Software module 24 receives user commands via user interface 23 to perform back up or to perform a copy operation. The user commands include source (i.e., the storage device from where data is to be copied, for example, device 18) device information; and destination device (i.e. the device where the data is to be copied, for example, device 16) information.

Once the user commands are received, ASIC 20 takes control of the copying operation. ASIC 20 sends a write command to the destination device, for example, 16 and a read command to the source device, for example, 18. The addresses in the commands will appear to come from the storage devices but will actually come from ASIC 20.

FIG. 1F shows an example of a port 22, according to one aspect of the present invention. Port 22 includes a receive pipeline that receives Fibre Channel frames/data 29. Received data 29 is processed and then via crossbar 50 moves to the transmit pipeline 28. The transmit pipeline 28 transmits data 30 to the destination. Details of the pipelines and how frames are transmitted using alias cache 27 are provided in the patent application Ser. No. 10/894,546, filed on Jul. 20, 2004, the disclosure of which is incorporated herein by reference in its entirety.

Alias Cache 27 is used to intercept control frames from the source device 18 and destination 16 of the copy operation and routes the frame to switch software 24. Other functionality of Alias Cache 27 has been described in the aforementioned patent application.

Port 22 also includes a RX_ID Mapping cache 26 that substitutes the RX_ID on frames being received or transmitted by port 22. In one aspect of the present invention, in response to a copy operation where data is moved from device 18 to deice 16, RX_ID mapping cache 26 substitutes the RX_ID provided by device 16 with the RX_ID provided by device 18. Without this substitution, device 16 will see a different RX_ID from the one it expects and the exchange may fail because of a protocol error. RX_ID mapping cache 22 is described below in detail with respect to FIG. 2.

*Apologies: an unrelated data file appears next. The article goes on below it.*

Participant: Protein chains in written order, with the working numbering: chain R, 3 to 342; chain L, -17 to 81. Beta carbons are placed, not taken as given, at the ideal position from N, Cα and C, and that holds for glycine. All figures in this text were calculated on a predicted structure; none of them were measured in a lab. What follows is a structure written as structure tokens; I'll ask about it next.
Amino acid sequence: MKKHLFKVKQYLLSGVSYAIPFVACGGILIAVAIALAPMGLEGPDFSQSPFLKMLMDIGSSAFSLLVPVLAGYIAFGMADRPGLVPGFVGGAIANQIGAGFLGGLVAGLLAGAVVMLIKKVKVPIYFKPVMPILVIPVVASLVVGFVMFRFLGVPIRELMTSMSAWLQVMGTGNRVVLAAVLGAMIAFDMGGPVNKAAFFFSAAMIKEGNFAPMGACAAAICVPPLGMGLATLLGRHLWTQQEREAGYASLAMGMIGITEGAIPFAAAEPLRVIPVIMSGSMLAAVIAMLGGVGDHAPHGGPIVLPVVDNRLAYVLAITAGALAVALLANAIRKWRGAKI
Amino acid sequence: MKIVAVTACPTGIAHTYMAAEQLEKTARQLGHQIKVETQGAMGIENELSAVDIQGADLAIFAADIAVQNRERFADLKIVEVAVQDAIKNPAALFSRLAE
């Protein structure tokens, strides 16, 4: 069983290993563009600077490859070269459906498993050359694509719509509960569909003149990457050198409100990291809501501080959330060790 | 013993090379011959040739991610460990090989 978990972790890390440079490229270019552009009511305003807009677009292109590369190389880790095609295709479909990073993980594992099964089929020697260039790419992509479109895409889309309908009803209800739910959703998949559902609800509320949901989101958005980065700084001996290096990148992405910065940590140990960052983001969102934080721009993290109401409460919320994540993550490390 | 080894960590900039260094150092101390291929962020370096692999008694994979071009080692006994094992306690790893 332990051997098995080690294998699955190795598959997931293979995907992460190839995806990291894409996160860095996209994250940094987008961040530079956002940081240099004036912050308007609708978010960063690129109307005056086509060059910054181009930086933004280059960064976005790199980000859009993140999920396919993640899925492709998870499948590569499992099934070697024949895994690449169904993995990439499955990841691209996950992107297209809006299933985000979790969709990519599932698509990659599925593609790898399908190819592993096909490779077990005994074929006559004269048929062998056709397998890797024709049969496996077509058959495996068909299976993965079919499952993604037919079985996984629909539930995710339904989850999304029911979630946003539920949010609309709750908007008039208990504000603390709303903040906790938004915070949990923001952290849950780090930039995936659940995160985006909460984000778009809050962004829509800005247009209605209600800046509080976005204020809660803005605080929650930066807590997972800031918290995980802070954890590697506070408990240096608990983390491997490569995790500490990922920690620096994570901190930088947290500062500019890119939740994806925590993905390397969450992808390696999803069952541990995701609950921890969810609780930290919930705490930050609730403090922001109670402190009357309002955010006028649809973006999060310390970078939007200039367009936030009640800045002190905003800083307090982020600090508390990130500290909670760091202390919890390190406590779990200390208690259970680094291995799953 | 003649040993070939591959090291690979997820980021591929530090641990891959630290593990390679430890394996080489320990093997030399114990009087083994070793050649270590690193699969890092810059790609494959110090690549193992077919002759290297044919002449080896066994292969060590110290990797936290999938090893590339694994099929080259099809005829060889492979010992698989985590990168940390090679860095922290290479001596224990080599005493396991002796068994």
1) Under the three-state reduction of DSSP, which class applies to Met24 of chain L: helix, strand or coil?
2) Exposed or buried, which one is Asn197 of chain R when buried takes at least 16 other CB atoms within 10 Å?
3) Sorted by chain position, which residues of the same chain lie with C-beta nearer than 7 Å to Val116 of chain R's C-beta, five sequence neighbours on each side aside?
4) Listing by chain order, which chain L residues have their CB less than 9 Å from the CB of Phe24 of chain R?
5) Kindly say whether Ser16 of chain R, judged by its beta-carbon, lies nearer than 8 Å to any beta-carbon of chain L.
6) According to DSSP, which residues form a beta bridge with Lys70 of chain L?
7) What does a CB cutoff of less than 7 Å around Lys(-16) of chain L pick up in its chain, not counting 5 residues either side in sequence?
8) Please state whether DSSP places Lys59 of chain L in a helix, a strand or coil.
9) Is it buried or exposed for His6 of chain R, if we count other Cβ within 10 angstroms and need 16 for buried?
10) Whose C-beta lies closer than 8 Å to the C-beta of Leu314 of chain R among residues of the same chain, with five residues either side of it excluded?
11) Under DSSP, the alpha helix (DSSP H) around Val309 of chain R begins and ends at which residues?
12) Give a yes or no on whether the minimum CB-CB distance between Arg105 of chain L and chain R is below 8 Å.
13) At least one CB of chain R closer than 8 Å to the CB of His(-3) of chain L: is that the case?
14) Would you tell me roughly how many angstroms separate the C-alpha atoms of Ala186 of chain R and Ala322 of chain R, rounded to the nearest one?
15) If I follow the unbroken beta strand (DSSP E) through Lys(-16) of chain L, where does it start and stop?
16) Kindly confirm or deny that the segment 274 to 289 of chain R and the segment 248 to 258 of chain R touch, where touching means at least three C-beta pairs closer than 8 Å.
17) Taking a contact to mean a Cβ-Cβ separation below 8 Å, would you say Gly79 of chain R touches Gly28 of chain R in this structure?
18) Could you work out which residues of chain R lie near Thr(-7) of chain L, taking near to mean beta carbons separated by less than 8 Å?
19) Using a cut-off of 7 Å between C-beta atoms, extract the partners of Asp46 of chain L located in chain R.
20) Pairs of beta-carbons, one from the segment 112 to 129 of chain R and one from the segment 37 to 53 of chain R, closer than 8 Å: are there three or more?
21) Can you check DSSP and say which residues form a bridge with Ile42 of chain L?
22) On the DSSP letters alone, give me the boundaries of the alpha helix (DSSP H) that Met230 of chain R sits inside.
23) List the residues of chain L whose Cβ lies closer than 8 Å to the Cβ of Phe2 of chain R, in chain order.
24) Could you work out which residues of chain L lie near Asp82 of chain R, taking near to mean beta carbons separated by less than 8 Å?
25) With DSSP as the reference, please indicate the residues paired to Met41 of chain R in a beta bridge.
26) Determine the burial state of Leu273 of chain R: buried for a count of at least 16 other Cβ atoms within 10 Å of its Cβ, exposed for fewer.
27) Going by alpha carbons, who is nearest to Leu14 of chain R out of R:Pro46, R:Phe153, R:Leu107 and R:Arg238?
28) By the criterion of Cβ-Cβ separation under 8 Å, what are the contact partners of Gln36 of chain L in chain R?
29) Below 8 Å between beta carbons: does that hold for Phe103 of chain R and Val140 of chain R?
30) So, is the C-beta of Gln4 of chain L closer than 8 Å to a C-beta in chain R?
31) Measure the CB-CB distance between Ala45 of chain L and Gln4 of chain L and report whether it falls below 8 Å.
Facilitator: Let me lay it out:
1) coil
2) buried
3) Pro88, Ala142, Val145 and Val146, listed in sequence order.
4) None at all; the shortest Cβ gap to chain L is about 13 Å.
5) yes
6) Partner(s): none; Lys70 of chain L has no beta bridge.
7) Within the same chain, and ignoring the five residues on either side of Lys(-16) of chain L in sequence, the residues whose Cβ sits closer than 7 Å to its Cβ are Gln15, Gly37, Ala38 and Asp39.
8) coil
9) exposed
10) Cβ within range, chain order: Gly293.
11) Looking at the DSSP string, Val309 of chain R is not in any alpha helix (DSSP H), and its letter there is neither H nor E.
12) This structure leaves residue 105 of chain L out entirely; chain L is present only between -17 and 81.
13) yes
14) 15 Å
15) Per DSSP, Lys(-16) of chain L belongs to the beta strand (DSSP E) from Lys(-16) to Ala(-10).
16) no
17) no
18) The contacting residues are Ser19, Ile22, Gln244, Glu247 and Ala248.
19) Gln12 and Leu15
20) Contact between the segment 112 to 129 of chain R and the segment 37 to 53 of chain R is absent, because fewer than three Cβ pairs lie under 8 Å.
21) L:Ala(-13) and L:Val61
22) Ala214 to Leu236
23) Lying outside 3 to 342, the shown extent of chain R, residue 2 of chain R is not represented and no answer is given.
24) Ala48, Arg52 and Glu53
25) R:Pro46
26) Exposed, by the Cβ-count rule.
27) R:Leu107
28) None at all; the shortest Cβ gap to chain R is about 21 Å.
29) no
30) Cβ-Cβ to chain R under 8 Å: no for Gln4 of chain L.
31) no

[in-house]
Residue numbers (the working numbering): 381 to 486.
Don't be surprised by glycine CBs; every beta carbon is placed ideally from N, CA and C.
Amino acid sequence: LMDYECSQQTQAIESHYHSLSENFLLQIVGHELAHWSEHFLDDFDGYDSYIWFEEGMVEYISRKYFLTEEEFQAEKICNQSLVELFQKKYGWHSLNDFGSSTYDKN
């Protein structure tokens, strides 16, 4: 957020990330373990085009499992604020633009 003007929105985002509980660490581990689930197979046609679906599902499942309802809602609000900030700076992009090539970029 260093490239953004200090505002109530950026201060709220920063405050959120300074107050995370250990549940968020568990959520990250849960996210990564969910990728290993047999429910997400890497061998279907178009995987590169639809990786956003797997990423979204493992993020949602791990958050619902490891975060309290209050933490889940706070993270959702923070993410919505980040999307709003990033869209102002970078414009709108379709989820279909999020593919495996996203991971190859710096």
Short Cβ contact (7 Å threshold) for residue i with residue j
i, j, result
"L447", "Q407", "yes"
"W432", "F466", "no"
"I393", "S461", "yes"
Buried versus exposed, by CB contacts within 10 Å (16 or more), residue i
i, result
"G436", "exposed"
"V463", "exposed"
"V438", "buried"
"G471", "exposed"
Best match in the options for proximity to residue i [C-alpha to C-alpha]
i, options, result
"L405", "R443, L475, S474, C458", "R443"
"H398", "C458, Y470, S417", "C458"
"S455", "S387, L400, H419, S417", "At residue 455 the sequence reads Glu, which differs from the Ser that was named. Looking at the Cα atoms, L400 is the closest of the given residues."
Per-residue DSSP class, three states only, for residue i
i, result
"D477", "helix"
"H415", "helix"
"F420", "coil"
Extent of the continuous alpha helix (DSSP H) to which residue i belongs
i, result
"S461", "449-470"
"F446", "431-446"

If an exception condition occurs, for example, if a target device has timed out, then IOP 66 firmware processes the exception condition.

Switch Controlled Copy Operation:

FIG. 3 shows a process flow diagram for executing a copy operation controlled by switch 20.

Turning in detail to FIG. 3, in step S300, user commands for a copy/back up operation are received via user interface 23. In this example, data is to be copied from device 18 to device 16. In step S301, switch software module 24 performs set-up/log in operations for device 16. Switch 20 sends PLOGI frames to devices 18 and 16 and if successful, sends PRLI frames to devices 18 and 16 and then waits for a reply. It is noteworthy that the switch 20 logs into a target (for example, 18), rather than the target logging into switch 20.

If the set-up/log-in is successful, in step S302, switch 24 sets up alias cache 27 to intercept frames from device 18 and 16 and re-route them to IOP 66 (that controls the operation of switch software 24). Alias cache 27 is setup in both ports (i.e. ports 22 and 19) connecting to devices 18 and 16. It is noteworthy that steps S301 and S302 may occur simultaneously to avoid delay in executing the copy operation. Also, although alias cache 27 is setup to intercept the frames, any other component may be used to act as a filter for the frames.

In step S303, switch 20 using software 24 initiates a SCSI write operation with destination 16 using the SCSI FCP_CMND message. The source address is set to that of device 18. In step S304, switch 20 also assigns an OX_ID to the exchange.

In step S305, device 16 sends a SCSI FCP_XFER_RDY message in reply to the command sent by switch 20 in step S303. The message from device 16 includes a D_ID that is set for device 18 (the source device) and the RX_ID that is also assigned by device 16.

In step S306, switch software 24 routes the message received from device 16 to IOP 66 and in step S307, switch software 24 sets' up RX_ID mapping cache 26 in port 22 that receives frames from device 18.

In step S308, switch software 24 initiates a SCSI read command with device 18 using a SCSI FCP_CMND message. The source address of the message is set to the N_Port address of device 16.